Wikipedia tells us that the sky is blue because air scatters short-wavelength light more than longer wavelengths.
The sunlit sky is blue because air scatters short-wavelength light more than longer wavelengths. Since blue light is at the short wavelength end of the visible spectrum, it is more strongly scattered in the atmosphere than long wavelength red light. The result is that the human eye perceives blue when looking toward parts of the sky other than the sun.
Evidently, Wikipedia has forgotten that Indigo and Violet have shorter wavelengths that blue light.
Evidently, Wikipedia has also forgotten that Indigo and Violet are in the visible spectrum.
Therefore, if there was any validity in the mainstream hypothesis then the sky should be Violet in colour because Violet has the shortest wavelength in the visible spectrum.
Wikipedia also informs us that we see blue when we look towards the heavens [except when we look directly at the Sun].
The result is that the human eye perceives blue when looking toward parts of the sky other than the sun.
Evidently, Wikipedia has forgotten we can see white clouds in the sky without a hint of a blue tint.
Evidently, Wikipedia has never wondered where all the blue comes from in the spectrum of direct sunlight if the blue light is scattered [in all directions] more than any other colour.
Wikipedia finally tells us that sunrises and sunsets are red because too much blue and green light has been scattered by the atmosphere.
Near sunrise and sunset, most of the light we see comes in nearly tangent to the Earth’s surface, so that the light’s path through the atmosphere is so long that much of the blue and even green light is scattered out, leaving the sun rays and the clouds it illuminates red.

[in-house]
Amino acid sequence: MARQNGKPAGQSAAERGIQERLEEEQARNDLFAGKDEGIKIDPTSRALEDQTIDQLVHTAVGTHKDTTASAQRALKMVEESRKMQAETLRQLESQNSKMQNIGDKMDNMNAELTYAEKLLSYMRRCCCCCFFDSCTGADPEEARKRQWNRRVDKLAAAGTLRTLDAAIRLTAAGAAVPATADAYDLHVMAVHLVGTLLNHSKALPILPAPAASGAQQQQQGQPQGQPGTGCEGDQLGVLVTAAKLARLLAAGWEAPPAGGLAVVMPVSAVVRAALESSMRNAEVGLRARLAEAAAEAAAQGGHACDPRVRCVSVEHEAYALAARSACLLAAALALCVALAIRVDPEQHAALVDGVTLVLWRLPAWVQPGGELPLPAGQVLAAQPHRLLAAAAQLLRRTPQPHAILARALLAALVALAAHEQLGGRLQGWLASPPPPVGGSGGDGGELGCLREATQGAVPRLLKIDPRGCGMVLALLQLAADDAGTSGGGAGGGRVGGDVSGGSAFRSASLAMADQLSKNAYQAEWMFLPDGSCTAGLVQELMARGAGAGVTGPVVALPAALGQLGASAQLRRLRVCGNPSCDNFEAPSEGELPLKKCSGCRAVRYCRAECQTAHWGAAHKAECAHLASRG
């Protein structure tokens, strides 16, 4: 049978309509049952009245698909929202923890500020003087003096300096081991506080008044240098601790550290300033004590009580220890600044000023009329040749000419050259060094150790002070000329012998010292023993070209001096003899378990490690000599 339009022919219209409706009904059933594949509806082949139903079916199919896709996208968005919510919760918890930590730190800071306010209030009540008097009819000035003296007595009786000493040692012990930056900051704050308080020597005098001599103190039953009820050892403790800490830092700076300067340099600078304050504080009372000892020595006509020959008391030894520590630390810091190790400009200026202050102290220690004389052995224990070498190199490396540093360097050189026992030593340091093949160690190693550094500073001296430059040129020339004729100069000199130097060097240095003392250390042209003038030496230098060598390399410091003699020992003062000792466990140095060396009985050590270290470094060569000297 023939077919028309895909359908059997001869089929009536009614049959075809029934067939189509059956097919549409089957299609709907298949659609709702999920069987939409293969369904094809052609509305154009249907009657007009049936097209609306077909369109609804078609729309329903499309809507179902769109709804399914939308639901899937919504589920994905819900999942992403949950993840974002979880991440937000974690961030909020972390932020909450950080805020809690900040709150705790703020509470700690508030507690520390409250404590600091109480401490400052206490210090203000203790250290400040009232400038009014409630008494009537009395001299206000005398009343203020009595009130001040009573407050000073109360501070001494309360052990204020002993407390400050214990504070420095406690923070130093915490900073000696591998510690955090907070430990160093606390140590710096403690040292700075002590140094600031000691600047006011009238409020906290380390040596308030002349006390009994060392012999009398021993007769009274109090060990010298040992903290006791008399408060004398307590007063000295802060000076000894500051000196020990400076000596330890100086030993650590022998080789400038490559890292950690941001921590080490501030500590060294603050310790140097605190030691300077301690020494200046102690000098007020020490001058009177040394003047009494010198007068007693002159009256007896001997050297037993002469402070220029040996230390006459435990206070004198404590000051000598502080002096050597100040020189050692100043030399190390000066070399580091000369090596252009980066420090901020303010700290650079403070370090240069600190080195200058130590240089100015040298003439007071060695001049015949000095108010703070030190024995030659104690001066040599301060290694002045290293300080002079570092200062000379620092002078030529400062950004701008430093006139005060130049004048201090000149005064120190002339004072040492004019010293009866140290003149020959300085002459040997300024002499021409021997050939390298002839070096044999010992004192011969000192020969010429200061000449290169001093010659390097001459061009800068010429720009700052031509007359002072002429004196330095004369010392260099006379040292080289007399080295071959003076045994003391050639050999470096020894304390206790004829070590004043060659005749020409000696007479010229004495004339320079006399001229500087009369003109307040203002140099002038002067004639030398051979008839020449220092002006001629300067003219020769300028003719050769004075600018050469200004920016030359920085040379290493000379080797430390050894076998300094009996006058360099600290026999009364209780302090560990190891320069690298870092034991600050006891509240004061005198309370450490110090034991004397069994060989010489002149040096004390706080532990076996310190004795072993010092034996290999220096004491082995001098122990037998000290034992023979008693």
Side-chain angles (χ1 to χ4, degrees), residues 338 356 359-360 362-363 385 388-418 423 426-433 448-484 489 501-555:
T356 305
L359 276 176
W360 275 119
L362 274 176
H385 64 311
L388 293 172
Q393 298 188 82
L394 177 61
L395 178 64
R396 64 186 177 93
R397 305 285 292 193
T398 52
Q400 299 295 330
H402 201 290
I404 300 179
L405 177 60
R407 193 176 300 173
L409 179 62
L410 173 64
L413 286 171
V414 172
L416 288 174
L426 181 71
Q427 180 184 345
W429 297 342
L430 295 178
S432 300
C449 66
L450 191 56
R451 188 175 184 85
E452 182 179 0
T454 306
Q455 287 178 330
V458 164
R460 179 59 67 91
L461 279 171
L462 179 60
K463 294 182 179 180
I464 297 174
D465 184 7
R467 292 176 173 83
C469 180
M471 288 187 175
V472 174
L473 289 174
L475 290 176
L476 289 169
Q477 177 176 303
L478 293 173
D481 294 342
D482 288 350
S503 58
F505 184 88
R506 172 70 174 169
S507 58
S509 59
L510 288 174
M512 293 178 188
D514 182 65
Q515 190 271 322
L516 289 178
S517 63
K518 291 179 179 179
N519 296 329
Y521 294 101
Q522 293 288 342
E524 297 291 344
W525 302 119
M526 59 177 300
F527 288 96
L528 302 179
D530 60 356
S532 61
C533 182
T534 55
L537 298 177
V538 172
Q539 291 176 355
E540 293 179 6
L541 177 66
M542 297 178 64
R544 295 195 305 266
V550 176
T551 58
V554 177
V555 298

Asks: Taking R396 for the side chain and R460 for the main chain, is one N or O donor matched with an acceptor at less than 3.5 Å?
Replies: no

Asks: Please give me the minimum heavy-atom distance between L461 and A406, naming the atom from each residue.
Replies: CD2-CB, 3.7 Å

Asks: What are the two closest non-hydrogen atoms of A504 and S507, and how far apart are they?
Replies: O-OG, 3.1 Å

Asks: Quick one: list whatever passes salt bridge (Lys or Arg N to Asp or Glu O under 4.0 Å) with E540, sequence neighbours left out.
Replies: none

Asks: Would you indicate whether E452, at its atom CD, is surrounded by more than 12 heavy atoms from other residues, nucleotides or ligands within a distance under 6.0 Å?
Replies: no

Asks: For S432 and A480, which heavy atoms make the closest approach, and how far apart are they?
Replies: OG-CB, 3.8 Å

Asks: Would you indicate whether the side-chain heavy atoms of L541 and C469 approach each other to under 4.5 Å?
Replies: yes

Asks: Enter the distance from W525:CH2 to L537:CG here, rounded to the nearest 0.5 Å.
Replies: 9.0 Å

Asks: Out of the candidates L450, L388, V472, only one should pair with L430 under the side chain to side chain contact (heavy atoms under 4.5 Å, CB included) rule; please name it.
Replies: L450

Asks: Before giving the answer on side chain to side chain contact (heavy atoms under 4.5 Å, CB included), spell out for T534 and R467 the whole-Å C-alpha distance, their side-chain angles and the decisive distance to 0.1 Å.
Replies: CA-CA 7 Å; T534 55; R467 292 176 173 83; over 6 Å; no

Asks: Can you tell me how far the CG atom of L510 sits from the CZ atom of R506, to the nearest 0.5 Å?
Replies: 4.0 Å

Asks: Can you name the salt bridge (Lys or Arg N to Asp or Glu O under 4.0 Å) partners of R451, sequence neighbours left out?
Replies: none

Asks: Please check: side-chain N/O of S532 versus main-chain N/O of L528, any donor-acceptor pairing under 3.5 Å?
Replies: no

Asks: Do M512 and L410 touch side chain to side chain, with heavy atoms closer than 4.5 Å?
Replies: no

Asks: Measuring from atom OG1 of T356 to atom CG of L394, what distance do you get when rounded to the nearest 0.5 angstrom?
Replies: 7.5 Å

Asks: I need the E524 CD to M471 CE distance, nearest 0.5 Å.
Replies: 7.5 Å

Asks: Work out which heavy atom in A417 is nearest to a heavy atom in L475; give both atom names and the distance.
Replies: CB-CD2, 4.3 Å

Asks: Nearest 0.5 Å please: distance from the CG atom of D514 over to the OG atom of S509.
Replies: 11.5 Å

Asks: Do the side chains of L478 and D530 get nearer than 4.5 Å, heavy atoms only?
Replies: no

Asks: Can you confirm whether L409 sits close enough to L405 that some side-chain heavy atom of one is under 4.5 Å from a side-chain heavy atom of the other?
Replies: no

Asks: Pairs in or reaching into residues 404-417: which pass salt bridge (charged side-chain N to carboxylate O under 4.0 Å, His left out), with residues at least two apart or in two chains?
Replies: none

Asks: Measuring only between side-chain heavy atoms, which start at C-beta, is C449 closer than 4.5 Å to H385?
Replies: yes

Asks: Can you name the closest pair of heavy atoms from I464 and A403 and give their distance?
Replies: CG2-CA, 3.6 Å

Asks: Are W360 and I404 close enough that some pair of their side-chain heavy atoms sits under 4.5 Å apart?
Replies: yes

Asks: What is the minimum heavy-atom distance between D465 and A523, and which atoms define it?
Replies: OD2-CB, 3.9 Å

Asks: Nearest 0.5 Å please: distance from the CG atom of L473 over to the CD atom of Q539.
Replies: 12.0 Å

We have already recognised that Wikipedia has a mental block regarding Indigo and Violet so perhaps we will let that pass this time. We should also recognise that when Wikipedia says Red they really mean Red, Orange and Yellow. However, we must also recognise that the Wikipedia folks don’t get out much as night and have never looked at the stars.
However, if the folks from Wikipedia care to step outside on a clear night they should be able to see some stars and [with luck] they might see some stars just above the horizon. Now, if they look carefully they should observe the stars as small points of white light. Not red light. Not orange light. Not yellow light. The stars appear as white light because the Earth’s atmosphere is not magically scattering the blue [and even the green] light. Wikipedia is completely wrong again. The light from stars is not scattered by the Earth’s atmosphere when the stars are close to the horizon [or otherwise] and the same applies to our local star [the sun].
The key to understanding our blue skies was articulated by the late [and great] Ralph Rene when he realised that the Earth’s atmosphere fluoresces.
The Last Skeptic of Science – Ralph Rene – 1998
Though astronauts and cosmonauts often encounter striking scenes of Earth’s limb, this unique image, part of a series over Earth’s colorful horizon, has the added feature of a silhouette of the space shuttle Endeavour.
The image was photographed by an Expedition 22 crew member prior to STS-130 rendezvous and docking operations with the International Space Station.
Docking occurred at 11:06 p.m. (CST) on Feb. 9, 2010. The orbital outpost was at 46.9 south latitude and 80.5 west longitude, over the South Pacific Ocean off the coast of southern Chile, with an altitude of 183 nautical miles when the image was recorded.